Disclosure: Yun He, MD, has disclosed no relevant financial relationships.

  • Hai-Xia Fu, MD

    Peking University People’s Hospital
    Peking University Institute of Hematology
    Collaborative Innovation Center of Hematology
    Peking University
    Beijing Key Laboratory of Hematopoietic Stem Cell Transplantation
    National Clinical Research Center for Hematologic Disease
    Beijing, China

    Disclosures

    Disclosure: Hai-Xia Fu, MD, has disclosed no relevant financial relationships.

  • Xiao-Lu Zhu, MD

    Peking University People’s Hospital
    Peking University Institute of Hematology
    Collaborative Innovation Center of Hematology
    Peking University
    Beijing Key Laboratory of Hematopoietic Stem Cell Transplantation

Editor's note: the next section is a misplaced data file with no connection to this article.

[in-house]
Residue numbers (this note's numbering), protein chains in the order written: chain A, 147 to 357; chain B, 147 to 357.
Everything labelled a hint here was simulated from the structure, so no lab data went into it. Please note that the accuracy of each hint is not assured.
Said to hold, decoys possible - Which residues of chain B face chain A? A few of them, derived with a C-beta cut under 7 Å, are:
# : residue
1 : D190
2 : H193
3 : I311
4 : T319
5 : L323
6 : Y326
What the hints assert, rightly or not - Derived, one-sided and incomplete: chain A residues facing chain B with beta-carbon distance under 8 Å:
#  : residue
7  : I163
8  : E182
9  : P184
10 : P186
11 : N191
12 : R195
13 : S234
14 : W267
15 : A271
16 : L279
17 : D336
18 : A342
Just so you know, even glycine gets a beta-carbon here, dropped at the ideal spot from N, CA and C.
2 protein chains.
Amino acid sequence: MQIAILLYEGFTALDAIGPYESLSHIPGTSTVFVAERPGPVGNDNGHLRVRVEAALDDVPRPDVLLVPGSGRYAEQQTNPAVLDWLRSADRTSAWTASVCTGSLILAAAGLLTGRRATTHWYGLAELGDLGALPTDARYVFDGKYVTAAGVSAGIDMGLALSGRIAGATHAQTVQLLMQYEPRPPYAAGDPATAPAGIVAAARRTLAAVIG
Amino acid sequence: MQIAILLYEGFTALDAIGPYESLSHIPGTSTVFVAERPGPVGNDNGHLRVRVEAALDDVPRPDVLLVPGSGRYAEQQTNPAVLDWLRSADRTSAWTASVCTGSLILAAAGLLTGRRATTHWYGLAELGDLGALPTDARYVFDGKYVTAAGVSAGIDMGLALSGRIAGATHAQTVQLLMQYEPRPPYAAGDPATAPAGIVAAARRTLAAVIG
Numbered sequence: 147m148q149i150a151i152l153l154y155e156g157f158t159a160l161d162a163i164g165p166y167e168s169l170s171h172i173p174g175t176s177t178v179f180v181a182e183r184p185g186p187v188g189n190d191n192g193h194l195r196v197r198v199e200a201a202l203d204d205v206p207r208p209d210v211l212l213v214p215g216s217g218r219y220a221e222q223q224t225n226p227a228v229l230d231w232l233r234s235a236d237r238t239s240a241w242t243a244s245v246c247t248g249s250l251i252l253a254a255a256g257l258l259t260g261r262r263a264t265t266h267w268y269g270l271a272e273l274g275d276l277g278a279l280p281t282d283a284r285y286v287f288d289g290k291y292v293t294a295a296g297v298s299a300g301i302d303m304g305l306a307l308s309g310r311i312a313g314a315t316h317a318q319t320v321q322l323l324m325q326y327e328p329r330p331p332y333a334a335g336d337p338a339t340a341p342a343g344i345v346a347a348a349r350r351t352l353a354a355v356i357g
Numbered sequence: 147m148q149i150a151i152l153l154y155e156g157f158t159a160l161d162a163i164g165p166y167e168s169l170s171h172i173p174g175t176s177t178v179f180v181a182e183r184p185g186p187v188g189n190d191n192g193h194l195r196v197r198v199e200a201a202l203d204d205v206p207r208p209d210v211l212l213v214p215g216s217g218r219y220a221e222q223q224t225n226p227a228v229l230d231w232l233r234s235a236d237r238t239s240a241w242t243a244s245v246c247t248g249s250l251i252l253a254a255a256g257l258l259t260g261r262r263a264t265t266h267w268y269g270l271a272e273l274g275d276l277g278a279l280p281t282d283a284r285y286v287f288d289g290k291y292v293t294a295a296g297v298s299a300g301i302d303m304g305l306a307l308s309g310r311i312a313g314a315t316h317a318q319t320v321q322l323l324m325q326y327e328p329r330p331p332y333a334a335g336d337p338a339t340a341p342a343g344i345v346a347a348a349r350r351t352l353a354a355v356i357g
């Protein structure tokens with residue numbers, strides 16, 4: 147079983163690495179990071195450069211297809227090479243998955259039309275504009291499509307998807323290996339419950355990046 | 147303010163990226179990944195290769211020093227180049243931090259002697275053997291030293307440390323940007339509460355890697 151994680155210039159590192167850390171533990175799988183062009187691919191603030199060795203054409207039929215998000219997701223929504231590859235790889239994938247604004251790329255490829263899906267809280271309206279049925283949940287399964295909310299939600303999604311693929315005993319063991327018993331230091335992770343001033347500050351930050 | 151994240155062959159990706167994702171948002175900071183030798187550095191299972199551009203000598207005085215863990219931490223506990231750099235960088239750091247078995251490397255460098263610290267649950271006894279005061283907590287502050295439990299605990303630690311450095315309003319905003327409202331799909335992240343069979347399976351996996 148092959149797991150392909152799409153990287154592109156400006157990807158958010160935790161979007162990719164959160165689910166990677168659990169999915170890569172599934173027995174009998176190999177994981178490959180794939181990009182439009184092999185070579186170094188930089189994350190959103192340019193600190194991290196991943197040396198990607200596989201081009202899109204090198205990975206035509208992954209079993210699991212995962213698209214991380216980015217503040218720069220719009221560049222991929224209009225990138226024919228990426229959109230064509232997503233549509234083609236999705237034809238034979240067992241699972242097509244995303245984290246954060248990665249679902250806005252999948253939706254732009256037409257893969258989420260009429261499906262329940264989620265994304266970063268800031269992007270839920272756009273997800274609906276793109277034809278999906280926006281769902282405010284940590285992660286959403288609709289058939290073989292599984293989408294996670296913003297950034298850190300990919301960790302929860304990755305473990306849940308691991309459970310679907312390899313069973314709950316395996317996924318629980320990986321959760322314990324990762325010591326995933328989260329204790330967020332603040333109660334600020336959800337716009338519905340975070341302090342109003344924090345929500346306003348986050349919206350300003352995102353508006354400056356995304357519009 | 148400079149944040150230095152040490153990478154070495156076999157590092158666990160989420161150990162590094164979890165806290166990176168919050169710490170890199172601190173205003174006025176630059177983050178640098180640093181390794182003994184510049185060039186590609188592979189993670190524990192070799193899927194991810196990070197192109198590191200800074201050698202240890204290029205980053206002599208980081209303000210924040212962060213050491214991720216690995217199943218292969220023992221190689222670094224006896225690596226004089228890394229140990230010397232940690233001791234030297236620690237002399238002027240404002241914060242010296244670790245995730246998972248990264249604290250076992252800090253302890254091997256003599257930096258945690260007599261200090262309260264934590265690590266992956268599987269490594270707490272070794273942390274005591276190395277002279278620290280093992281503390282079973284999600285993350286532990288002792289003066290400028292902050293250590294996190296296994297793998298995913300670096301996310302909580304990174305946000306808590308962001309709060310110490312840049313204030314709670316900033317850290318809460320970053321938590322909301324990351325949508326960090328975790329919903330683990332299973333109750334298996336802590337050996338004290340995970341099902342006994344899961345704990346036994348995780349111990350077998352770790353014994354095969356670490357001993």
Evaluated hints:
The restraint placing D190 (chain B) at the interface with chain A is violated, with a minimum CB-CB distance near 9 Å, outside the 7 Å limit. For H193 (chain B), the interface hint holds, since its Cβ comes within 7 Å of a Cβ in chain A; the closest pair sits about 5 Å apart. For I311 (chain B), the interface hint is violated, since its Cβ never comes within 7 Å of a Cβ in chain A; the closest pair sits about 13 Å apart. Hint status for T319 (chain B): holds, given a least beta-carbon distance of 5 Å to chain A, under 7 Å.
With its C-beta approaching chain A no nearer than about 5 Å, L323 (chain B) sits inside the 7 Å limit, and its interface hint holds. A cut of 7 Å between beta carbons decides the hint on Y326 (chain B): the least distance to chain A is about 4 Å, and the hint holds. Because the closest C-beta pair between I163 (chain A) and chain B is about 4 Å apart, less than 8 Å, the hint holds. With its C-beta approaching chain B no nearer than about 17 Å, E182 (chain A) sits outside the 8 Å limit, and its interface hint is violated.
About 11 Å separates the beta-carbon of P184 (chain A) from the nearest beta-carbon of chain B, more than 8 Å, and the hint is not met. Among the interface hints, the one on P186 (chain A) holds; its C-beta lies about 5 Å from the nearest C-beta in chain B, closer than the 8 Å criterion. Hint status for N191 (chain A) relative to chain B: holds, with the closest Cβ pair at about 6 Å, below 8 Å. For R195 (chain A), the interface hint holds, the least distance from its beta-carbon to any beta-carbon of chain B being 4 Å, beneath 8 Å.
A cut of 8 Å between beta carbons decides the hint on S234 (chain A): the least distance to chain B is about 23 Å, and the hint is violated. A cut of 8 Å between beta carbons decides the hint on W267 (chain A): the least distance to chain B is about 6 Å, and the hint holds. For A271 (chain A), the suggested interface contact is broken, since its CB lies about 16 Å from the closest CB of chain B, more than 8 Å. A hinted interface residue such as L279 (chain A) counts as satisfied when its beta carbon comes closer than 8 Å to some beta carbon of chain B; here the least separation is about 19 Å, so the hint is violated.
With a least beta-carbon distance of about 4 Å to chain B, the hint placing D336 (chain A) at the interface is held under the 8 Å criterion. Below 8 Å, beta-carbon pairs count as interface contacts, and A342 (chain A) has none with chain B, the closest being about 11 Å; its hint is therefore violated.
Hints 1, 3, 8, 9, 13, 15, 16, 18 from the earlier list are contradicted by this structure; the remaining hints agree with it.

National Clinical Research Center for Hematologic Disease
    Beijing, China

    Disclosures

    Disclosure: Xiao-Lu Zhu, MD, has disclosed no relevant financial relationships.

  • Qian Jiang, MD

    Peking University People’s Hospital
    Peking University Institute of Hematology
    Collaborative Innovation Center of Hematology
    Peking University
    Beijing Key Laboratory of Hematopoietic Stem Cell Transplantation
    National Clinical Research Center for Hematologic Disease
    Beijing, China

    Disclosures

    Disclosure: Qian Jiang, MD, has disclosed no relevant financial relationships.

  • Hao Jiang, MD

    Peking University People’s Hospital
    Peking University Institute of Hematology
    Collaborative Innovation Center of Hematology
    Peking University
    Beijing Key Laboratory of Hematopoietic Stem Cell Transplantation
    National Clinical Research Center for Hematologic Disease
    Beijing, China

    Disclosures

    Disclosure: Hao Jiang, MD, has disclosed no relevant financial relationships.